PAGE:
In the Time Before, this wasn’t an unusual number of trips for me. In 2019, for example, I had an overnight trip at least once a month. Not only does travel inspire a lot of my writing, but it’s important for my emotional health. It refreshes me and gives me new perspectives.

Now, of course, everything is weird. Not only has the pandemic messed everything up, but there’s so much political and economic instability. Planning travel feels uncertain and actually doing it feels risky. I also have some guilt feelings about enjoying gallivanting around while so many people are suffering.

I guess the best I can do is try to make positive contributions to the world, do a lot of Plan B and Plan C and Plan D preparation in case things fall through or disaster strikes, and cross my fingers. And when things work out well and I do get to go somewhere, I can enjoy and appreciate every damn minute.

And when I go, I’ll share photos.

Vacation photos

My husband and I just returned from a week-long cruise in Mexico. Yes, I was sad to get off the ship, and yes, it still feels as if the ground is rocking beneath me.

Our first stop was in Cabo San Lucas. I’ve been there a few times before. The sunsets are beautiful.

Then we went to Mazatlan, where we did a walking tour. It’s a really charming place. I especially loved the bright buildings in the old town. And there are cliff divers!

After Mazatlan we went to Puerto Vallarta. Beautiful beach and lovely views. We walked up a lot of steps.

Maybe it’s the tile roofs and ocean views, but Puerto Vallarta reminds me a little of Dubrovnik, one of my favorite cities.

Of course, since it was a cruise, we ate well. And I wrote in perfect comfort.

And now it’s back to real life and all the work I didn’t do for a week. But I’m feeling infinitely more relaxed.

The Valley

I live in California’s San Joaquin Valley. If you’re from anywhere else in the world, I need to tell you that this area isn’t the California you think you know. No beaches here (we’re a couple hours inland). A few famous people came from this area–George Lucas, Jeremy Renner, James Marsters, and Timothy Olyphant all grew up around here–but none of them stuck around here. The politics in this area tend to be pretty far to the right of my own. We have lots of dairy farms; almond ranches; vineyards; and fields with corn, beans, and melons.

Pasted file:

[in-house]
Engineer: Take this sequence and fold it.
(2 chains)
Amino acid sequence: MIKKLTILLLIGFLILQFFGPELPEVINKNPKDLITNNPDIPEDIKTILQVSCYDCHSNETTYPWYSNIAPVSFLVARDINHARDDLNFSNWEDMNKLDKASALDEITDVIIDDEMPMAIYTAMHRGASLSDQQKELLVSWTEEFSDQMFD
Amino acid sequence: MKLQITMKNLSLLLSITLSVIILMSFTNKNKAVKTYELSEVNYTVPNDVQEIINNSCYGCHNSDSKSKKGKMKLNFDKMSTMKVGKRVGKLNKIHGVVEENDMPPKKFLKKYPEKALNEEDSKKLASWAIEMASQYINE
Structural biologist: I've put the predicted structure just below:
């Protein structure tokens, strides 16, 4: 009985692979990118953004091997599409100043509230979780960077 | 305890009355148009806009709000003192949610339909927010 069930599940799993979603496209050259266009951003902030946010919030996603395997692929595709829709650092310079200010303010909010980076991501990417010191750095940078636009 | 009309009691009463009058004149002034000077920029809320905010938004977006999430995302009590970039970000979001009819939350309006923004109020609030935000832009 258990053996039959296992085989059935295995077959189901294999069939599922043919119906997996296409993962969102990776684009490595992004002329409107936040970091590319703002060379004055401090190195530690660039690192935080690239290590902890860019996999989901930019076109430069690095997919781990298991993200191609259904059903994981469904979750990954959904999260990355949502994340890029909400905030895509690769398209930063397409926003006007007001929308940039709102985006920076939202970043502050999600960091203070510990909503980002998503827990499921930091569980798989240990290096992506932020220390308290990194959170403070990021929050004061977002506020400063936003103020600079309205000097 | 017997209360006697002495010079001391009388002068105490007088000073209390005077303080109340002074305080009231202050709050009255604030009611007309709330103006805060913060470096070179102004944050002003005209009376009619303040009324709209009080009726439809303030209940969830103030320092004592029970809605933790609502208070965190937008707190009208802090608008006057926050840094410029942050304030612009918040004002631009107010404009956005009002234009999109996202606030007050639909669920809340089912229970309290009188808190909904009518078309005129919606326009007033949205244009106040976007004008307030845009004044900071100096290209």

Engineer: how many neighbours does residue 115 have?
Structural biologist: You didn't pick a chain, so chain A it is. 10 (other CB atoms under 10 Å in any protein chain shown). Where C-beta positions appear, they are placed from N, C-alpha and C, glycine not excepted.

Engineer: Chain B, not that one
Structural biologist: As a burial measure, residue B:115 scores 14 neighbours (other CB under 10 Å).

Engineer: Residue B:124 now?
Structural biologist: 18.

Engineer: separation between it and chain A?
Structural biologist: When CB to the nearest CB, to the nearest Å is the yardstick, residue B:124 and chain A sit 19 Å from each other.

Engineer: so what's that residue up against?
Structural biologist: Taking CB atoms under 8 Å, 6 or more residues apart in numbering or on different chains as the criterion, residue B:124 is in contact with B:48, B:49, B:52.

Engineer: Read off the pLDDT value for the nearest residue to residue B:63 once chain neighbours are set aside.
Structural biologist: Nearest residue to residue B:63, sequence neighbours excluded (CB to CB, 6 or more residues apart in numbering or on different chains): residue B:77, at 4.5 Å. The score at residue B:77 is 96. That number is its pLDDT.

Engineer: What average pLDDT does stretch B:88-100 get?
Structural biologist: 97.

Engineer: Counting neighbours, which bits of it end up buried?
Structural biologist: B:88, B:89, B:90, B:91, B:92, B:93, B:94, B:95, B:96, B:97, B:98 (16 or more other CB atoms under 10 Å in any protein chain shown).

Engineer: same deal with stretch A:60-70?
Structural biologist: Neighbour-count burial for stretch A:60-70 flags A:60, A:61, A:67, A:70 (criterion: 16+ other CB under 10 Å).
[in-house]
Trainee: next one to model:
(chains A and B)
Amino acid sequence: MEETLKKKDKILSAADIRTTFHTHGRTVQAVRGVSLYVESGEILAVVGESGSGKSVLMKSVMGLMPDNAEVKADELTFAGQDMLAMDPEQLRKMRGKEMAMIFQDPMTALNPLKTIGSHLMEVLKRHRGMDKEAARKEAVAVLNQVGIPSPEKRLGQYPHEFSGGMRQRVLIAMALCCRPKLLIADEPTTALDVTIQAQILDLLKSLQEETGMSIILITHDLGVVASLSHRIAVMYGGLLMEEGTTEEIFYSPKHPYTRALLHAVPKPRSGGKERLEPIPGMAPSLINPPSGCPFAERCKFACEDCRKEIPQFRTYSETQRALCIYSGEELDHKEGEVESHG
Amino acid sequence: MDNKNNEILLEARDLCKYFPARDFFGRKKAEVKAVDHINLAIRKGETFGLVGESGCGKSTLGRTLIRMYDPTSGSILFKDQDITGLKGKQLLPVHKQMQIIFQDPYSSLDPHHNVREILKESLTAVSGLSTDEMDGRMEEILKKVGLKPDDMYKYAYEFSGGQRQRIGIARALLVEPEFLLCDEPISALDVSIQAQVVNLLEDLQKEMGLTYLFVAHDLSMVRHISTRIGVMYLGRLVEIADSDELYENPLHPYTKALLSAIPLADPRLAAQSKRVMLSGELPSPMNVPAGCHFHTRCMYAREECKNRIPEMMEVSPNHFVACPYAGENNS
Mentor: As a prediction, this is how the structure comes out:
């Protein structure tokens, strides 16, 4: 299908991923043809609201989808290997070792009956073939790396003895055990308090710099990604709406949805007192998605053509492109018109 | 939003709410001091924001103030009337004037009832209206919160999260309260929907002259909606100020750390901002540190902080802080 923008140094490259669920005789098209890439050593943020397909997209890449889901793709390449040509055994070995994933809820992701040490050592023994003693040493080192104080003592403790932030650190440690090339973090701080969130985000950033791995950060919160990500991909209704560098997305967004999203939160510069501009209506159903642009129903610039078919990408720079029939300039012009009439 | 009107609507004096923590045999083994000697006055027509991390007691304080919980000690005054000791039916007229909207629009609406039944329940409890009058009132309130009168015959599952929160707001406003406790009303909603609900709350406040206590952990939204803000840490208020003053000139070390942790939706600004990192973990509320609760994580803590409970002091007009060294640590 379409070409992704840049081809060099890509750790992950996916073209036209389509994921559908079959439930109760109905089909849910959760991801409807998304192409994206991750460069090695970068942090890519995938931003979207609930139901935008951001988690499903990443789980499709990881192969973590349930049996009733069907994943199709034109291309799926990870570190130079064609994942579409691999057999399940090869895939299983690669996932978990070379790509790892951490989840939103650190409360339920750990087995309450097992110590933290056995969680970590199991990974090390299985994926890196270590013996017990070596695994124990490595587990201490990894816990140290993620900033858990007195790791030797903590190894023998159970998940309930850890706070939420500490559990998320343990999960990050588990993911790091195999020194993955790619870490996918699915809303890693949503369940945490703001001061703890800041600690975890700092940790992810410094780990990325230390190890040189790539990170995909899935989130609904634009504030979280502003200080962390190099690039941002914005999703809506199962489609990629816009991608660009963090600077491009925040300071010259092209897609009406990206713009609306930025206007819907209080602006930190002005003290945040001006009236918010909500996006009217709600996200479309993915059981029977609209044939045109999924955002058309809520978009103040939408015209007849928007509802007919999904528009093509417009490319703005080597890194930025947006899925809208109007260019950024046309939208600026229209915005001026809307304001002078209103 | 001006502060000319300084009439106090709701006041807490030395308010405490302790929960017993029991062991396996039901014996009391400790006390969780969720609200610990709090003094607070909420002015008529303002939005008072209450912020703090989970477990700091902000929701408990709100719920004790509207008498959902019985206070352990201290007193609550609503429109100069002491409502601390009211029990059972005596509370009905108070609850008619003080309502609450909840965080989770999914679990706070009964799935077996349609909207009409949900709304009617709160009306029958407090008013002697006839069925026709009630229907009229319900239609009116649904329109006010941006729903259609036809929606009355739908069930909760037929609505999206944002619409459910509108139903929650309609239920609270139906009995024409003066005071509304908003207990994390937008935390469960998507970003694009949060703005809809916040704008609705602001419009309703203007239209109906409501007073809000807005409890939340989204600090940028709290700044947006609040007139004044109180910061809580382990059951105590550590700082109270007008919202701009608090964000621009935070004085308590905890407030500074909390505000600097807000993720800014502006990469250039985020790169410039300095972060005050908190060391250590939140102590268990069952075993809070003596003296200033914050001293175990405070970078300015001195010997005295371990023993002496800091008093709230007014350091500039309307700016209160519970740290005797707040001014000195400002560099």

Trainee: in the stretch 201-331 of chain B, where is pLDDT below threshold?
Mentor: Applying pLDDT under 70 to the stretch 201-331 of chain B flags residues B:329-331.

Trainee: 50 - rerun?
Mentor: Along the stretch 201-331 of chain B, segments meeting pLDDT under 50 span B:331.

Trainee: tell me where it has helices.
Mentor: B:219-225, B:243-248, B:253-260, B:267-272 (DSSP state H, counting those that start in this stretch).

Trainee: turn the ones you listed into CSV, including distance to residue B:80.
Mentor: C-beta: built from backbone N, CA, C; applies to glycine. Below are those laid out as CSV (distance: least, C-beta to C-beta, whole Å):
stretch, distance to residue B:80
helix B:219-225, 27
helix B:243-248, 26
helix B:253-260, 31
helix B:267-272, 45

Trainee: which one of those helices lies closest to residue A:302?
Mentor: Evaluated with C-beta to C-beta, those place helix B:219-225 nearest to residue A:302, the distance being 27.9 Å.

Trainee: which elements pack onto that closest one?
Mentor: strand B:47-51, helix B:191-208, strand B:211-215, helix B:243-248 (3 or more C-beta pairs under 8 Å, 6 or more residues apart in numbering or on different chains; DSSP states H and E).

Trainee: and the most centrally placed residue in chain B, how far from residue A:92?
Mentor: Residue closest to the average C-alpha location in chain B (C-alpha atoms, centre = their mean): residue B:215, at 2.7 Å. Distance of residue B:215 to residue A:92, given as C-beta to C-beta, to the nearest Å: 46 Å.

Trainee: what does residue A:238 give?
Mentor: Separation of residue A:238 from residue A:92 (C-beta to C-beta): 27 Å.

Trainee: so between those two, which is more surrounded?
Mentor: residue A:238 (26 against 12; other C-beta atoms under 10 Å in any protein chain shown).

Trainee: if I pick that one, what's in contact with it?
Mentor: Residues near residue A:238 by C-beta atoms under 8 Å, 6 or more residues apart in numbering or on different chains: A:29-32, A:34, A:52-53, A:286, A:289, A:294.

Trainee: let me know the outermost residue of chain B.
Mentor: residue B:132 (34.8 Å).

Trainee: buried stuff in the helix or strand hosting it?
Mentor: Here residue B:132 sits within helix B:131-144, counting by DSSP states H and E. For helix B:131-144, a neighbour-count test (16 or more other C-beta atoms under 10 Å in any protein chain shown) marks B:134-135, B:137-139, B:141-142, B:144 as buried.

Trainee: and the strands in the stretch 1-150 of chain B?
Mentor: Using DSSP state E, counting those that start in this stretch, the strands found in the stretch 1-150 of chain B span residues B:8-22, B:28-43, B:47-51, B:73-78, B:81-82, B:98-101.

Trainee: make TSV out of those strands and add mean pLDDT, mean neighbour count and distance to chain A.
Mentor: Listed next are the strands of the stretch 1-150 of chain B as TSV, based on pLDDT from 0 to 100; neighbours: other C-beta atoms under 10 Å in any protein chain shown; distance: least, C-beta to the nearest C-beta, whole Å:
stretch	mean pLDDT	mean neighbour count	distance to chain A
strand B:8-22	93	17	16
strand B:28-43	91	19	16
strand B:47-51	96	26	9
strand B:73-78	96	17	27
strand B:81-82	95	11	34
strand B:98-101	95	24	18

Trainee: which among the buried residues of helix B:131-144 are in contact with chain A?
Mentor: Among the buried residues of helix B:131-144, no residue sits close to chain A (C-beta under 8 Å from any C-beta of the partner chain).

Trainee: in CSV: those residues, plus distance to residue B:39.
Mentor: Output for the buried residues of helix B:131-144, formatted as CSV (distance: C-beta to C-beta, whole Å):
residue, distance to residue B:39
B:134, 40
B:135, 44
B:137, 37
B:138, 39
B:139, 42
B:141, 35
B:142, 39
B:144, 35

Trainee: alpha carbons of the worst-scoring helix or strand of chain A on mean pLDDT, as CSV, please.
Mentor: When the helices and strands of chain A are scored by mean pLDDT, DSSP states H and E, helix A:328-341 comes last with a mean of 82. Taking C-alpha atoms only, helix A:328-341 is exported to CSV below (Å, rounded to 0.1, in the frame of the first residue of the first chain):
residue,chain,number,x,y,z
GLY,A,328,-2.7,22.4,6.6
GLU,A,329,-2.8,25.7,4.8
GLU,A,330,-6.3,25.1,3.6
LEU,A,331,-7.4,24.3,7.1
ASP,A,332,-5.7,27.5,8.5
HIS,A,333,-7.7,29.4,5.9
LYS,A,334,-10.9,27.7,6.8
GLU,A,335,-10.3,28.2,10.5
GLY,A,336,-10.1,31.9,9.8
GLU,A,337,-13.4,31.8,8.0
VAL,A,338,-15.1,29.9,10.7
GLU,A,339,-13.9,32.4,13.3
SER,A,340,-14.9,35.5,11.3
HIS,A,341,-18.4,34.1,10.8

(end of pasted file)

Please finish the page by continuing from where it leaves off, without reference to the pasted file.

There are some good points about living here. It’s affordable by California standards. We have access to lots of fresh produce and excellent Mexican food. With a two hour drive we can be at the beach, in San Francisco, or in the mountains. Traffic isn’t usually too awful.

But there are downsides. Our summers are beastly hot. And yes, it’s a dry heat, but that’s not much solace when temps can top 100F for days or weeks on end. Our air quality is awful, partly due to pollution from local agriculture and partly because pollution from the Bay Area and smoke from wildfires get trapped here in the valley. And then there are the allergens.

I took this photo this morning, about three blocks from my house. Almond trees. They’re lovely in bloom, aren’t they? And I can smell them as soon as I step outside; they have a very pleasant aroma. Unfortunately, they make me cough and sneeze and give me headaches.

So excuse me while I go grab a new package of tissues.

Stress relief

This last week was a rough one. It was the first week of classes, which is always a little crazy anyway. But two years of pandemic has been incredibly stressful to everyone in education (and elsewhere!), resulting in excessive amounts of… difficulty. Not so much from the students this week as from administrators and faculty. Patience is a virtue I need to work on anyway, and I had plenty of practice doing that last week.

So I’ve been dealing with the frustration and anxiety in my usual ways. Okay, I may have added in some bonus chocolate and tequila, but I’m doing two of my favorite things: writing and dreaming about travel.

Writing-wise, I’m nearly finished with book 9 in the Bureau series. I love writing in that world. This one takes place in the 1970s, mostly in California’s Sierra Mountains. Ralph Crespo plays a small part in this one, but the main focus is on two new guys. One of whom is not entirely human. 🙂

As for travel, it’s hard to get too emotionally invested after two years of cancelations. But if all goes well, this year I may be looking at a cruise to Mexico (to make up for last month’s canceled Caribbean cruise), plus trips to Paris, Lisbon, Portland, Port Townsend, and Austin. At the moment, the cruise is sounding the most appealing because I’m picturing myself sipping margaritas and working on a novel while overlooking the Sea of Cortez.